EDS and associated conditions of joint hypermobility currently have no cure. Treatment is multi-pronged and aimed at reducing symptoms, as well as preventing the occurrence of complications. The symptoms vary by subtype, and treatment procedures are devised accordingly.
A specialist will typically provide specific care within the field in which a patient has a pathology. For instance, a dermatologist will handle skin concerns, a rheumatologist will take care of issues related to connective tissues, an orthopedist will handle problems related to joints and bones, while a cardiologist will treat patients with complications related to the heart and blood vessels.
After a doctor has determined the EDS subtype, the next step is to develop a treatment plan.
Physiotherapy is one of the primary ways of managing EDS and associated conditions. It offers a multidimensional treatment intervention for EDS aimed at decreasing patient disability.
Physiotherapy improves muscle tone and coordination, reducing the likelihood of joint dislocation. The physiotherapist works with the patient to locate weak muscles and know the body's areas that need strengthening.
In the AI-based medical treatment crowdsourcing platform StuffThatWorks, physiotherapy is ranked as the most frequently tried treatment option for EDS with varying degrees of effectiveness.
Physiotherapy helps improve reduced-fat knee function, body awareness, and balance. Endurance exercises in physiotherapy reduce pain and improve functions.
Studies are pointing to improvements in psychological and social behavior in kids that undergo extensive physiotherapy.
What to Expect in Physiotherapy?
Physiotherapy sessions begin with a physical examination. Your specialist will put you through a series of tests to determine your strength and range of motion. You will have to discuss and set short and long-term treatment goals like strength recovery and muscle strengthening.
The physiotherapist will devise and modify future sessions based on the level of progress the patient is making. Home therapy sessions are usually created to allow the patient to continue working at home to hasten progress. These exercises may include swimming, walking, cycling, and aerobic conditioning.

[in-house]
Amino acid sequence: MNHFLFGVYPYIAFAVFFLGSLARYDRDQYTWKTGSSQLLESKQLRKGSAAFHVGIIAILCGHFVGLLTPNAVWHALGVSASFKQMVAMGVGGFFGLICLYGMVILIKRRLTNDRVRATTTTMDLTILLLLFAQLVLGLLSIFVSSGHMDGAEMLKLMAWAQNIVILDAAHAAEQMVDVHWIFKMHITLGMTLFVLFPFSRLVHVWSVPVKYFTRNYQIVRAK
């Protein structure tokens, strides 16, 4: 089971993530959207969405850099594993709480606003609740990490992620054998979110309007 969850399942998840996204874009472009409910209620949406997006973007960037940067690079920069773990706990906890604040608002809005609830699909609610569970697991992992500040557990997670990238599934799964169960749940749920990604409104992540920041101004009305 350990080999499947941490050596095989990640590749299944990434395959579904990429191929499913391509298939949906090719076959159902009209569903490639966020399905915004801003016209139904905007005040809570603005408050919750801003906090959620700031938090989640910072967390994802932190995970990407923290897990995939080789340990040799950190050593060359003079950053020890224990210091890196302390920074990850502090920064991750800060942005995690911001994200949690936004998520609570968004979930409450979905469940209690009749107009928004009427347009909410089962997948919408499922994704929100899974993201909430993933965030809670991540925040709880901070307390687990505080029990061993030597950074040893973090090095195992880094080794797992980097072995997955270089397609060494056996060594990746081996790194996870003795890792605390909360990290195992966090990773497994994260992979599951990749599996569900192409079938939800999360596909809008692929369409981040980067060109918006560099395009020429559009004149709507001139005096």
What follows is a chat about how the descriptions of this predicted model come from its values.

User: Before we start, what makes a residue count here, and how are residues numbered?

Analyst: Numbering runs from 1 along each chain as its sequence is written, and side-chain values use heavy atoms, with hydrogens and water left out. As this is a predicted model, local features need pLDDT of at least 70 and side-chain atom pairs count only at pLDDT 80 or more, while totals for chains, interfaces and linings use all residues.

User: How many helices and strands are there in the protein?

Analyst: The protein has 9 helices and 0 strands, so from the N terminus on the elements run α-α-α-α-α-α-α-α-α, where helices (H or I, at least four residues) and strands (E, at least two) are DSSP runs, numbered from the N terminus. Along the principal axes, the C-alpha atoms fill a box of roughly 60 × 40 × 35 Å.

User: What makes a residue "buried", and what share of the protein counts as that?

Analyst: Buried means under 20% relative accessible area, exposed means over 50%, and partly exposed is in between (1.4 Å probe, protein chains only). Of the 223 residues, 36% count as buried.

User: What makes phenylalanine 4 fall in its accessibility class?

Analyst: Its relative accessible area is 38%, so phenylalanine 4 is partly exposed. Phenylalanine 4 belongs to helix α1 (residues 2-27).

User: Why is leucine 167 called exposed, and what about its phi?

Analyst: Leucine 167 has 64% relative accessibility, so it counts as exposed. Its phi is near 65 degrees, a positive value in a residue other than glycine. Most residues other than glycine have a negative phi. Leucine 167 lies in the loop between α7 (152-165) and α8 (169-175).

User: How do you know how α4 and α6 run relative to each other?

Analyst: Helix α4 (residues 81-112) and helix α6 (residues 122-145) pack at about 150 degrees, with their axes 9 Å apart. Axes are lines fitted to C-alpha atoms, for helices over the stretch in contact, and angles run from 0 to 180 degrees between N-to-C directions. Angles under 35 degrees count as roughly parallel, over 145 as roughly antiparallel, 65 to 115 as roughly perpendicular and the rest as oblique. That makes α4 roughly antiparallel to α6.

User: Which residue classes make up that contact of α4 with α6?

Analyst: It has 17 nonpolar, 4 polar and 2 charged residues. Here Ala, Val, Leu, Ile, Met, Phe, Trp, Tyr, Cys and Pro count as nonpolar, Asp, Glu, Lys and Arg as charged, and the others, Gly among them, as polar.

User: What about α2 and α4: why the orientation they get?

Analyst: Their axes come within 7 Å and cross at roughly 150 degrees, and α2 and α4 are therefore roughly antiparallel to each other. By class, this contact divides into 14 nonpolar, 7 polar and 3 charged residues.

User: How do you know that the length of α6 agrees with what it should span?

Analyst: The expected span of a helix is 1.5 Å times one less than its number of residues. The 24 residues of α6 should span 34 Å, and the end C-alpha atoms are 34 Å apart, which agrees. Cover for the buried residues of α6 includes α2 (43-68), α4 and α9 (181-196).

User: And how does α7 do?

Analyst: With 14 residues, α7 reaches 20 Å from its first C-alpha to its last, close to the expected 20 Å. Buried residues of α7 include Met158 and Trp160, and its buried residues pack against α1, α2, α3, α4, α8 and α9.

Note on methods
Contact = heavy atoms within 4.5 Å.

Other Ways of Managing EDS
There are other treatment options in addition to physical therapy, such as:
Braces promote joint stability and decrease the risk of dislocation in the joints of the vertebrae and upper extremities. Wheelchairs and other assistive devices can also enhance mobility and overall quality of life by reducing pain and risk of dislocation. However, the goal of therapy is to get the patient to become completely independent, so assistive devices should be prescribed with discretion.
Drugs and Supplements
PAinkillersand other medications can help reduce joint pain, while supplements like calcium and vitamin D can help bone strength.
Invasive procedures are controversial and not typically used in treating EDS cases due to the diminished healing, scarring risk, and the increased possibility of ruptured blood vessels. However, subtypes like the vascular and classic EDS sometimes lead to complications that may require orthopedic surgical procedures.
Lifestyle Adjustments in Managing JHS/hEDS
Certain lifestyle adjustments may also be recommended as an addition to therapy:
Wearing pads and other protective clothing to prevent cuts and bruises
Avoiding strenuous exercises and sport that put pressure on the joints
Using only soft-bristled toothbrushes to avoid injury
Writing with thinks pens to avoid straining the fingers
There is currently no cure for Ehlers Danlos Syndrome and related conditions. However, the outlook of the diseases is highly positive if proper measures are adopted. Physiotherapy and other management methods are helpful and increase quality of life.
If you or a loved one has EDS, your doctor should work with you to create a management regimen that promises the best possible outcome.